Your Choice of Code Editors is Important
Let’s talk about editors. You know, code editors. Because that’s where we spend most of our time when developing web applications, writing code or modify existing scripts. Code editors are among the most important software that I use on a regular basis. In fact, and when measuring the time spent doing working tasks, it’ obvious that most of the productive time is spend within an editor.
This makes your choice of code editors really important.
So without further due, let’s take a closer look at why I use the code editors that I do. As the title already suggests, my favorite code editors are Vim & Geany. On the risk of starting yet another editor flamewar let’s take a look at VIM first:
Vim – Most Favorite Editor of All Editors
So here’s what Wikipedia has to say about the Vim text editor:
Vim (/vɪm/; a contraction of Vi IMproved) is a clone of Bill Joy’s vi text editor program for Unix. It was written by Bram Moolenaar based on source for a port of the Stevie editor to the Amiga and first released publicly in 1991.
Vim is designed for use both from a command-line interface and as a standalone application in a graphical user interface. Vim is free and open source software and is released under a license that includes some charityware clauses, encouraging users who enjoy the software to consider donating to children in Uganda.
As to sum it up, Vim is a great editor that is focused on productivity. It features to different modes – newbees sometimes takes a while to get comfortable with this – and it has a function on almost every key in its Normal mode. These keys significantly increase productivity, especially when editing code.
Main Advantages of Vim As a Code Editor
To me personally, the main advantages of Vim and some of the most important reasons I use it every day and with a whole lot of lovin’ are the following:
Cross-Platform Portability Vim is available on all platforms that I work on. From an old UNIX box to that OpenBSD firewall or any modern Linux distribution. Vim is always there, waiting for me to fire it up and start coding. Using Vim feels like coming back home so to say… home is where the Vim is!
Network Functionality Vim is the perfect editor to use over SSH. And it’s just so convenient to SSH into a remote server and edit configuration files or code directly on the remote machine. No need to download files, edit them locally and then upload them again to the server. Instead you just SSH in, fire up Vim and then :wq! when you’re done. Beautiful, simple and highly effective.
It’s worth to note also that because of the two modes Vim is using – Normal mode and Insert mode – it’s the perfect tool for using SSH over slow internet connections. And the original vi was created to be used over a 300 baud modem. Pretty neat, and still useful today!
While I’ve been using Vim since back in 1998, Geany is relatively new part of my daily screen. Geany was released in 2005, and I’ve using it as my main GUI code editor since ca. 2009. Geany is a GUI editor that’s part of the Debian and Ubuntu repositories.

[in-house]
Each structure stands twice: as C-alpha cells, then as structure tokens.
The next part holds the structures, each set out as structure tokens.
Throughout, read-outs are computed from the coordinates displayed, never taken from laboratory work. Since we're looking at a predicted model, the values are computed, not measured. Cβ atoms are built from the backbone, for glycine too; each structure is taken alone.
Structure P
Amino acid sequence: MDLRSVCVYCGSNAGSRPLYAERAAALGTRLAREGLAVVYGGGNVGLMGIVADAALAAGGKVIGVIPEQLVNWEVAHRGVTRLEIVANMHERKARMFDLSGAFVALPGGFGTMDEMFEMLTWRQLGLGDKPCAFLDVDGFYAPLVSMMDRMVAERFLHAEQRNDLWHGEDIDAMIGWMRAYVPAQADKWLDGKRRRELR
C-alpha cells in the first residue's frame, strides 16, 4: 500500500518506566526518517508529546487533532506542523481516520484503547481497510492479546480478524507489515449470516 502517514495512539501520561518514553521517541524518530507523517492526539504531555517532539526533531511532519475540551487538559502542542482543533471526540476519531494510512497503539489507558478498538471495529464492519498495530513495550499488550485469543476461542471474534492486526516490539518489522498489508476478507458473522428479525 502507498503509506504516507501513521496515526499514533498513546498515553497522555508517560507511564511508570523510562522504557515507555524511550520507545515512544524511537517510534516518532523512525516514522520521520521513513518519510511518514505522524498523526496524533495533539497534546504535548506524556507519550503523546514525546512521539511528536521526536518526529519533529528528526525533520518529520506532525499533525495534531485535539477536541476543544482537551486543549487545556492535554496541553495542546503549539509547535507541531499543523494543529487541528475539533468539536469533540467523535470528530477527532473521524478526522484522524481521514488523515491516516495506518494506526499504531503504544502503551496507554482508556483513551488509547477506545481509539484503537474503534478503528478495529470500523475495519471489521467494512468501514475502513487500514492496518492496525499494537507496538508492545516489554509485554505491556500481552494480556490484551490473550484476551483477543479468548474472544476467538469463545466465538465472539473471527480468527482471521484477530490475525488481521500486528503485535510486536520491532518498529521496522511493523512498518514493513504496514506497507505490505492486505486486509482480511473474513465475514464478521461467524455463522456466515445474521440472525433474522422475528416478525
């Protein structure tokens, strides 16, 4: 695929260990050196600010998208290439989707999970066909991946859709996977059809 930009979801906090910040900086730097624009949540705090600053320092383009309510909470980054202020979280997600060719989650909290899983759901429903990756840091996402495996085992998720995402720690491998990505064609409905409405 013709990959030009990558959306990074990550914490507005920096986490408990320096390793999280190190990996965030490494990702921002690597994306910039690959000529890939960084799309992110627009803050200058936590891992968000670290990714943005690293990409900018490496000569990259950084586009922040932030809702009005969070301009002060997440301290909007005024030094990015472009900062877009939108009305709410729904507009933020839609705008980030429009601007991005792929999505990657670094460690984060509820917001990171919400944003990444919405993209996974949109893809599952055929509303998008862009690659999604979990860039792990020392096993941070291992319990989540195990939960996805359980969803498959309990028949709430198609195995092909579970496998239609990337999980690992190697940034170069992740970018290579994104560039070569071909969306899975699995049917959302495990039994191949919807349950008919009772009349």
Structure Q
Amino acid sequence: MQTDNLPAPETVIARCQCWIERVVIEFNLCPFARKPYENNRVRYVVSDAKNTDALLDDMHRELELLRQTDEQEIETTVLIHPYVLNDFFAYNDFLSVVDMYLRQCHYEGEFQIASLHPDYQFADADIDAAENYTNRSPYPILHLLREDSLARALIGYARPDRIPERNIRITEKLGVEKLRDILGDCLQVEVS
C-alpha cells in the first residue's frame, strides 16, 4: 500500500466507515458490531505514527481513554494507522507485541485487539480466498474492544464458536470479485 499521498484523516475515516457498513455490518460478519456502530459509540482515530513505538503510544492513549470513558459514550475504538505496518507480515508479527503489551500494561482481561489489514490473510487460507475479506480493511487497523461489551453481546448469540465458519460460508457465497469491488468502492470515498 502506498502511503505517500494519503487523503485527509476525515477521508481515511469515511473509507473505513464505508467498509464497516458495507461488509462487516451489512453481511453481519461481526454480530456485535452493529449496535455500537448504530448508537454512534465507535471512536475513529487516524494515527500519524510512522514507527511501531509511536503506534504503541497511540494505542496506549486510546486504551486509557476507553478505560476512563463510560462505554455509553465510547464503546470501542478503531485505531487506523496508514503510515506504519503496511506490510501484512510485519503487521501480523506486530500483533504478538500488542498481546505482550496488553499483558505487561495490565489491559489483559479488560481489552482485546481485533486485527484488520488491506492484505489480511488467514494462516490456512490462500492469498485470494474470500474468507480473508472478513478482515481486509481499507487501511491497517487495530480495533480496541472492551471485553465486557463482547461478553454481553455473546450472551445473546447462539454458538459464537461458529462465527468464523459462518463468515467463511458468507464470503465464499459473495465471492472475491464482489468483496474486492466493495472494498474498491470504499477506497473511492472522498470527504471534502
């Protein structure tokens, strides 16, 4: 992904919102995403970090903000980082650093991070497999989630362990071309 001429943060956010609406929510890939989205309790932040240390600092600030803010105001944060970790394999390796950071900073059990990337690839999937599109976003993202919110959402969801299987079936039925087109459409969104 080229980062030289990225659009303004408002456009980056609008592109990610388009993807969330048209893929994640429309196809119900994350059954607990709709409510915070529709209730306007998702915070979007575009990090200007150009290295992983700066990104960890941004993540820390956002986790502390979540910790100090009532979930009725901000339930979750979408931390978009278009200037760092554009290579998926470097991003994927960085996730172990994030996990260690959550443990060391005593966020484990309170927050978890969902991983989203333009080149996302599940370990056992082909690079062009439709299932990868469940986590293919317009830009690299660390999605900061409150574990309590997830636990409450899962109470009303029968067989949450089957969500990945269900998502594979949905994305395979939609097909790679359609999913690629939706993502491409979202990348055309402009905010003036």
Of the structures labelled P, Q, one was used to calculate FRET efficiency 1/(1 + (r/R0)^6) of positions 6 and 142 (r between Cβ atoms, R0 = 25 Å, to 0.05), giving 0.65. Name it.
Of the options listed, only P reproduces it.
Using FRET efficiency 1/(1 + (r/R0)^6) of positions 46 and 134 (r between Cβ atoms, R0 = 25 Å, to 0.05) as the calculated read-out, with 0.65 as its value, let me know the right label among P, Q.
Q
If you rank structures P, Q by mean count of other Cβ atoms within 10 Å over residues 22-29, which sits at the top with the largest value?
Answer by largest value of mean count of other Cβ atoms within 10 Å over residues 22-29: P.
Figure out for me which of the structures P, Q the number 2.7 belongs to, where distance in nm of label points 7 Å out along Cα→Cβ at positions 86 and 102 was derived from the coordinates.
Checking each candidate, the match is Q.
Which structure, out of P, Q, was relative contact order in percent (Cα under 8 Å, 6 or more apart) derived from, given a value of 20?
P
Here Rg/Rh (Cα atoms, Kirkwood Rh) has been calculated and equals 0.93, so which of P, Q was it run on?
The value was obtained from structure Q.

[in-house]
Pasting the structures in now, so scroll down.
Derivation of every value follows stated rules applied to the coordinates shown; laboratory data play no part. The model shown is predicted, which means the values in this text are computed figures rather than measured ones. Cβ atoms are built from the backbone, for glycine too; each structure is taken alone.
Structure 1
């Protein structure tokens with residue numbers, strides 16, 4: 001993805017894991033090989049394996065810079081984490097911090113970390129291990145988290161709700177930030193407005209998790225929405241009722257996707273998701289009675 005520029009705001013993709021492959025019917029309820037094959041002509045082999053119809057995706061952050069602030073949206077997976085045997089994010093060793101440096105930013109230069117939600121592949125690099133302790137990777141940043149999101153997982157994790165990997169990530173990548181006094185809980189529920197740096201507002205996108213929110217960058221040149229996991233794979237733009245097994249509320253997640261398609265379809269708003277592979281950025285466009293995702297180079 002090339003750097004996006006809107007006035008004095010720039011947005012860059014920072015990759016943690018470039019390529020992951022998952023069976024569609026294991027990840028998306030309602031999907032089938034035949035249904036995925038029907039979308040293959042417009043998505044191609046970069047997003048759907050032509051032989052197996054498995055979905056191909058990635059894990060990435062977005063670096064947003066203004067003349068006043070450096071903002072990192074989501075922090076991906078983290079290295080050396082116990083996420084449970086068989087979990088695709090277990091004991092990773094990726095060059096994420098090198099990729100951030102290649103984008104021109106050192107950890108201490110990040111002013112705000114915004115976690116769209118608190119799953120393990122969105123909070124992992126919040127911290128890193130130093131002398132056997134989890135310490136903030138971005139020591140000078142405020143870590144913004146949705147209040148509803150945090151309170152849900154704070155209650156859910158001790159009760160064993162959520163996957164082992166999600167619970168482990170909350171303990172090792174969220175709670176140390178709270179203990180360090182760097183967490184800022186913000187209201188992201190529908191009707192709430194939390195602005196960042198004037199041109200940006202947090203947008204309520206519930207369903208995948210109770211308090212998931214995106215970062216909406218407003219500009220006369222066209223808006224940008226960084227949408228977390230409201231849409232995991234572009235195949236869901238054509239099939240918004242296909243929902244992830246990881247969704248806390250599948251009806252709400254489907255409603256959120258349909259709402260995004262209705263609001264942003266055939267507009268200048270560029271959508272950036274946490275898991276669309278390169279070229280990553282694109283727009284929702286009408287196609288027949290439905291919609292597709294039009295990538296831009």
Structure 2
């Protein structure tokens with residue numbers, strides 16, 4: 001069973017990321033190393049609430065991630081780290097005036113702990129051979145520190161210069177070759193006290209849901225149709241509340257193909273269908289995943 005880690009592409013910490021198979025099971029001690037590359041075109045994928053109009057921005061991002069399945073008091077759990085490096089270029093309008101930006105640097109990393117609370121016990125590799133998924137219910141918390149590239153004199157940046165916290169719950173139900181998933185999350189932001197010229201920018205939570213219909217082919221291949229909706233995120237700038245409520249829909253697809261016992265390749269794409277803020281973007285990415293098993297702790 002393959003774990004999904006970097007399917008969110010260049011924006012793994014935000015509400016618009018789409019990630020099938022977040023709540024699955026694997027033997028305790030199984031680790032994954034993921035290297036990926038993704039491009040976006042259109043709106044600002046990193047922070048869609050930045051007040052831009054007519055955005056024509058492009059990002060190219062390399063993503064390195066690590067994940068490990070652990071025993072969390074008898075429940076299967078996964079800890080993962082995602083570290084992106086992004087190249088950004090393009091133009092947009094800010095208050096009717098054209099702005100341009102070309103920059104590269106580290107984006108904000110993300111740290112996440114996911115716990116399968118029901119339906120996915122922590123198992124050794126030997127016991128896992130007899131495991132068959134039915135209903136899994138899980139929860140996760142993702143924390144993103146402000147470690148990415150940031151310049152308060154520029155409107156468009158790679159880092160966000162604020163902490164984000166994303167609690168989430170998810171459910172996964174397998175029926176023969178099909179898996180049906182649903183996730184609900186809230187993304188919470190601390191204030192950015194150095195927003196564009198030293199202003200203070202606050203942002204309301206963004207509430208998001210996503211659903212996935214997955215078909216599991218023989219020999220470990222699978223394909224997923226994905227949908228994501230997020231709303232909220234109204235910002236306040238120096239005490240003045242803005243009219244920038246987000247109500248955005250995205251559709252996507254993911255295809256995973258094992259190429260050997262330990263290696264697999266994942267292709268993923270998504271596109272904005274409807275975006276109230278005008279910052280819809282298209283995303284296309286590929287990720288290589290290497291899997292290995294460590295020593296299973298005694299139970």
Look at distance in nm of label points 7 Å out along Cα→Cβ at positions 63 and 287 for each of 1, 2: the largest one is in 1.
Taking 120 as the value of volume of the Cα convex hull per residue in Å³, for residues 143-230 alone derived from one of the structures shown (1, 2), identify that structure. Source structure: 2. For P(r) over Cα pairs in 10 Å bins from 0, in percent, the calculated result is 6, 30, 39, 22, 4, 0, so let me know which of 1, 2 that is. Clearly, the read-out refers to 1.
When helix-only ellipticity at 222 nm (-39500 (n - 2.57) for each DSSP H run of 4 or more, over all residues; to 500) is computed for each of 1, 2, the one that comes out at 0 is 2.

For me, if you can’t “apt-get it” then it doesn’t really exist in my universe. But just so you know, that “apt-get Universe” is a really big one! 🙂
Geany – My Favorite GUI Code Editor
So if you haven’t installed Geany yet, now’s the time to do that. Just give it a simple “apt-get install geany” and it won’t take long before you have it.
danten@starlight:~$ apt-get install geany
As usual, apt-get will then take care of the rest. Time to fire up Geany!
On my screen, Geany ends up looking a bit like this:
Note that after a default install using apt-get, you’ll probably end up with black characters on a white background. Many prefer this, but personally I’m a fan of dark backgrounds with white or light colored writing. This makes it easier for me to concentrate on the coding. So how to get there? It’s easy:
Preferences => Editor => Display => Invert syntax highlighting colors
Geany has powerful features, while still being light and cross-platform portable. Here’s what the Geany site is telling us:
Geany is a small and lightweight Integrated Development Environment. It was developed to provide a small and fast IDE, which has only a few dependencies from other packages. Another goal was to be as independent as possible from a special Desktop Environment like KDE or GNOME – Geany only requires the GTK2 runtime libraries. Geany is known to run under Linux, FreeBSD, NetBSD, OpenBSD, MacOS X, AIX v5.3, Solaris Express and Windows. More generally, it should run on every platform, which is supported by the GTK libraries. Only the Windows port of Geany is missing some features.
Features of the Geany Editor
So as you can see, cross-platform portability is an important advantage of Geany. Here’s a brief overview of Geany’s more basic features:
- Syntax highlighting
- Code folding
- Symbol name auto-completion
- Construct completion/snippets
- Auto-closing of XML and HTML tags
- Call tips
- Many supported filetypes including C, Java, PHP, HTML, Python, Perl, Pascal
- Symbol lists
- Code navigation
- Build system to compile and execute your code
- Simple project management
- Plugin interface You might ask yourself why I’m not using Vim also as a GUI editor?
Because yes, Vim is indeed available as a GUI editor. Out of convenience I mainly use Vim from a shell or an X terminal (MATE Terminal on my current machine). It appears to me that Vim is made for a terminal, and thanks to the multitude of key shortcuts it seems counterintuitive to me to use a GUI version of Vim. For many years I’ve been using Geany as a quick note taking tool as well, but some years ago I realized how convenient and powerful it is to keep your ToDo lists and project track lists in Zim, a light desktop wiki that works really smoothly with the Getting Things Done (GTD) workflow. But this is another subject, for another post…